The Quantum Pontiff

(1+p)(1-p)

I wonder how many people this week realized that “ten percent down” followed by “ten percent up” does not equal “no change.” Probably a few. And how many realized that “ten percent down” followed by “ten percent up” is the same as “ten percent up” followed by “ten percent down”? Or that up 5 percent, down 3 percent, up 2 percent, down 8 percent, and down 8 percent in that order is the same as down 8 percent, up 2 percent, down 3 percent, up 5 percent, down 8 percent in that order? Commutativity is cool. Yes, I am easily amused.

Comments

  1. #1 llewelly
    October 14, 2008

    This is exactly why I don’t like descriptions of change that are posed solely in terms of percent change – I think they’re hard to understand. Harder to understand than differential equations, I would argue.

  2. #2 JohnQPublic
    October 14, 2008

    “I wonder how many people this week realized…”

    We have a good swath of our country who believes that a large part of the rest of the world is praying against “our god” and “our god” should take action against those who think they are bigger than “our god.” (Arnold Conrad.) (Kind of sounds like the my-dad-is-bigger-than-yours argument.) The same ones who think Sarah Palin would make a great president should it come to that. So, I’m starting to believe the collective IQ is much, much lower than I had imagined. I doubt many understand commutative property at all. (A few years ago I read about a test that was given to a number of top executives in the financial sector that asked to solve the most basic quadratic equation. Overwhelmingly the executives complained that they should not be expected to know such “advanced” concepts.)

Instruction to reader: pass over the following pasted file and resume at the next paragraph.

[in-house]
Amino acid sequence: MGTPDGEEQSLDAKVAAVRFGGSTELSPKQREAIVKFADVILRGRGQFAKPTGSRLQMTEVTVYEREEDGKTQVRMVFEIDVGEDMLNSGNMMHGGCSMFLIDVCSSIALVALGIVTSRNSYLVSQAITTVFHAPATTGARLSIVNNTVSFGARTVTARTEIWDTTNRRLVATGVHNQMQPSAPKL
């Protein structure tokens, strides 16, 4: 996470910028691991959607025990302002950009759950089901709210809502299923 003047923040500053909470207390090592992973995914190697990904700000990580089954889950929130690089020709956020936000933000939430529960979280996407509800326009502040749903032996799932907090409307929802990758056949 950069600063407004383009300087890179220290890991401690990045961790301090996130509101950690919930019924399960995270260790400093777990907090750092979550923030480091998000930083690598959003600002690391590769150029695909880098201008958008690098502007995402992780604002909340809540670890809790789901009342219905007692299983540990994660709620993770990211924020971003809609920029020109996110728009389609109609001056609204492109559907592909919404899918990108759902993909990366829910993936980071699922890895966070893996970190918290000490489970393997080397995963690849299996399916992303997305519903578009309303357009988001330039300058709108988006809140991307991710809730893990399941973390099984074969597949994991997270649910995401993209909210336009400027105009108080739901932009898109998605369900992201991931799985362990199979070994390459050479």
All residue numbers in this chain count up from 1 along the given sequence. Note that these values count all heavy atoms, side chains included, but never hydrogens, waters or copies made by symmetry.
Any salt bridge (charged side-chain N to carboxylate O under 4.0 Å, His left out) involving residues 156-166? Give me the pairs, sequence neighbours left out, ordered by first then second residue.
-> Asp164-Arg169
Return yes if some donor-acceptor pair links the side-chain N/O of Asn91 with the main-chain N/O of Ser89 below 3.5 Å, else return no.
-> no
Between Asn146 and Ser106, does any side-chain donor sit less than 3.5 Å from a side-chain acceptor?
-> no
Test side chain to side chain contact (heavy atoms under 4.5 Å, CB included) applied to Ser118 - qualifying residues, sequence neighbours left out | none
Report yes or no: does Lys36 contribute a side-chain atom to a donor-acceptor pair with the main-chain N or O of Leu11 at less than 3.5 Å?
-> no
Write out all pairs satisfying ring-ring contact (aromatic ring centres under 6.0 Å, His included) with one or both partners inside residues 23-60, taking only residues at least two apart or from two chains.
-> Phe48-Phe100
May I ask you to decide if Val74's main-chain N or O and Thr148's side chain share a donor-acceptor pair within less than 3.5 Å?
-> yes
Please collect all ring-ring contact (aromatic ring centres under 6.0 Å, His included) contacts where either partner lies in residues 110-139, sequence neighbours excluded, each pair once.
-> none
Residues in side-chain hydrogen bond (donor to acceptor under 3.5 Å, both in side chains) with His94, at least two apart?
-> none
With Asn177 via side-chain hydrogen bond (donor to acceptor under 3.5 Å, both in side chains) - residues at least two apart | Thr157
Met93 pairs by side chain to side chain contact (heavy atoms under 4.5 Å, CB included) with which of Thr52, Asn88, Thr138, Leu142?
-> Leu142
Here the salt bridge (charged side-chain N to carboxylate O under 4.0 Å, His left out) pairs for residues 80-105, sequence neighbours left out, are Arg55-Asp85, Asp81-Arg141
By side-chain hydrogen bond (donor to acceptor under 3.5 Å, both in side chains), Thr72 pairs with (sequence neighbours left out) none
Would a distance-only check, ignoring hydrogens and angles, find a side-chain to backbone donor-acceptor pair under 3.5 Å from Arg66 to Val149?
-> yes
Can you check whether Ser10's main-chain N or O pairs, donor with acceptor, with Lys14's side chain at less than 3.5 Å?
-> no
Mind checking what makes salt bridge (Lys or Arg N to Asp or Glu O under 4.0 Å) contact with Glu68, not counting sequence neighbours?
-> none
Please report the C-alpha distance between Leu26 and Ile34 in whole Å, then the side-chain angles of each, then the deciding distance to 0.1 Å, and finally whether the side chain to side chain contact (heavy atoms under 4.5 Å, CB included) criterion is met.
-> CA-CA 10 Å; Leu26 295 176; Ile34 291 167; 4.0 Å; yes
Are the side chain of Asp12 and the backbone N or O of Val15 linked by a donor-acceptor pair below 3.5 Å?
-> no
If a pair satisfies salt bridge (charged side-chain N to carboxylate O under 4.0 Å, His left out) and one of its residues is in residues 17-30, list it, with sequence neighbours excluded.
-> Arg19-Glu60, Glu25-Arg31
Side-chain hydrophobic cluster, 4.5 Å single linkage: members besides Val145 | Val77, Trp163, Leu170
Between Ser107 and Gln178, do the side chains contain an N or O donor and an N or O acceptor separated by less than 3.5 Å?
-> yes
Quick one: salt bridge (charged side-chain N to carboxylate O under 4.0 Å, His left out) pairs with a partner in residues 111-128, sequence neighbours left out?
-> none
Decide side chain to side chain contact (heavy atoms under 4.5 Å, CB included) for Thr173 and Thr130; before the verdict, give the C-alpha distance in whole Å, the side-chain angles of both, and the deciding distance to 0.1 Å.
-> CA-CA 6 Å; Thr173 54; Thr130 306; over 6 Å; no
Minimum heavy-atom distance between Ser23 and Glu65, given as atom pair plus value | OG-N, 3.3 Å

3. #3 Lemon Curry
    October 14, 2008

    Engineers like decibels. 10 dB down, followed by 10 dB up, gets you back where you started.

  4. #4 Ian Durham
    October 14, 2008

    Yes, I am easily amused.

    Or simply staving off insanity in the face of an evaporating retirement fund.

  5. #5 Abie
    October 15, 2008

    I wonder how many journalists say “ten percent down” when they mean “ten percentage points down”.

  6. #6 james
    October 16, 2008

    And yet if the stock market randomly goes up/down by 10% each with probability 1/2, the expected value is exactly its current value. Math is weird.

  7. #7 gil kalai
    November 11, 2008

    For this and other surprises see:
    http://gilkalai.wordpress.com/2008/08/17/surprising-math/
    My memories from an older stock market crash is that not many people fully understand that ‘eighty percent down’ can be followed by another ‘eighty percent down.’

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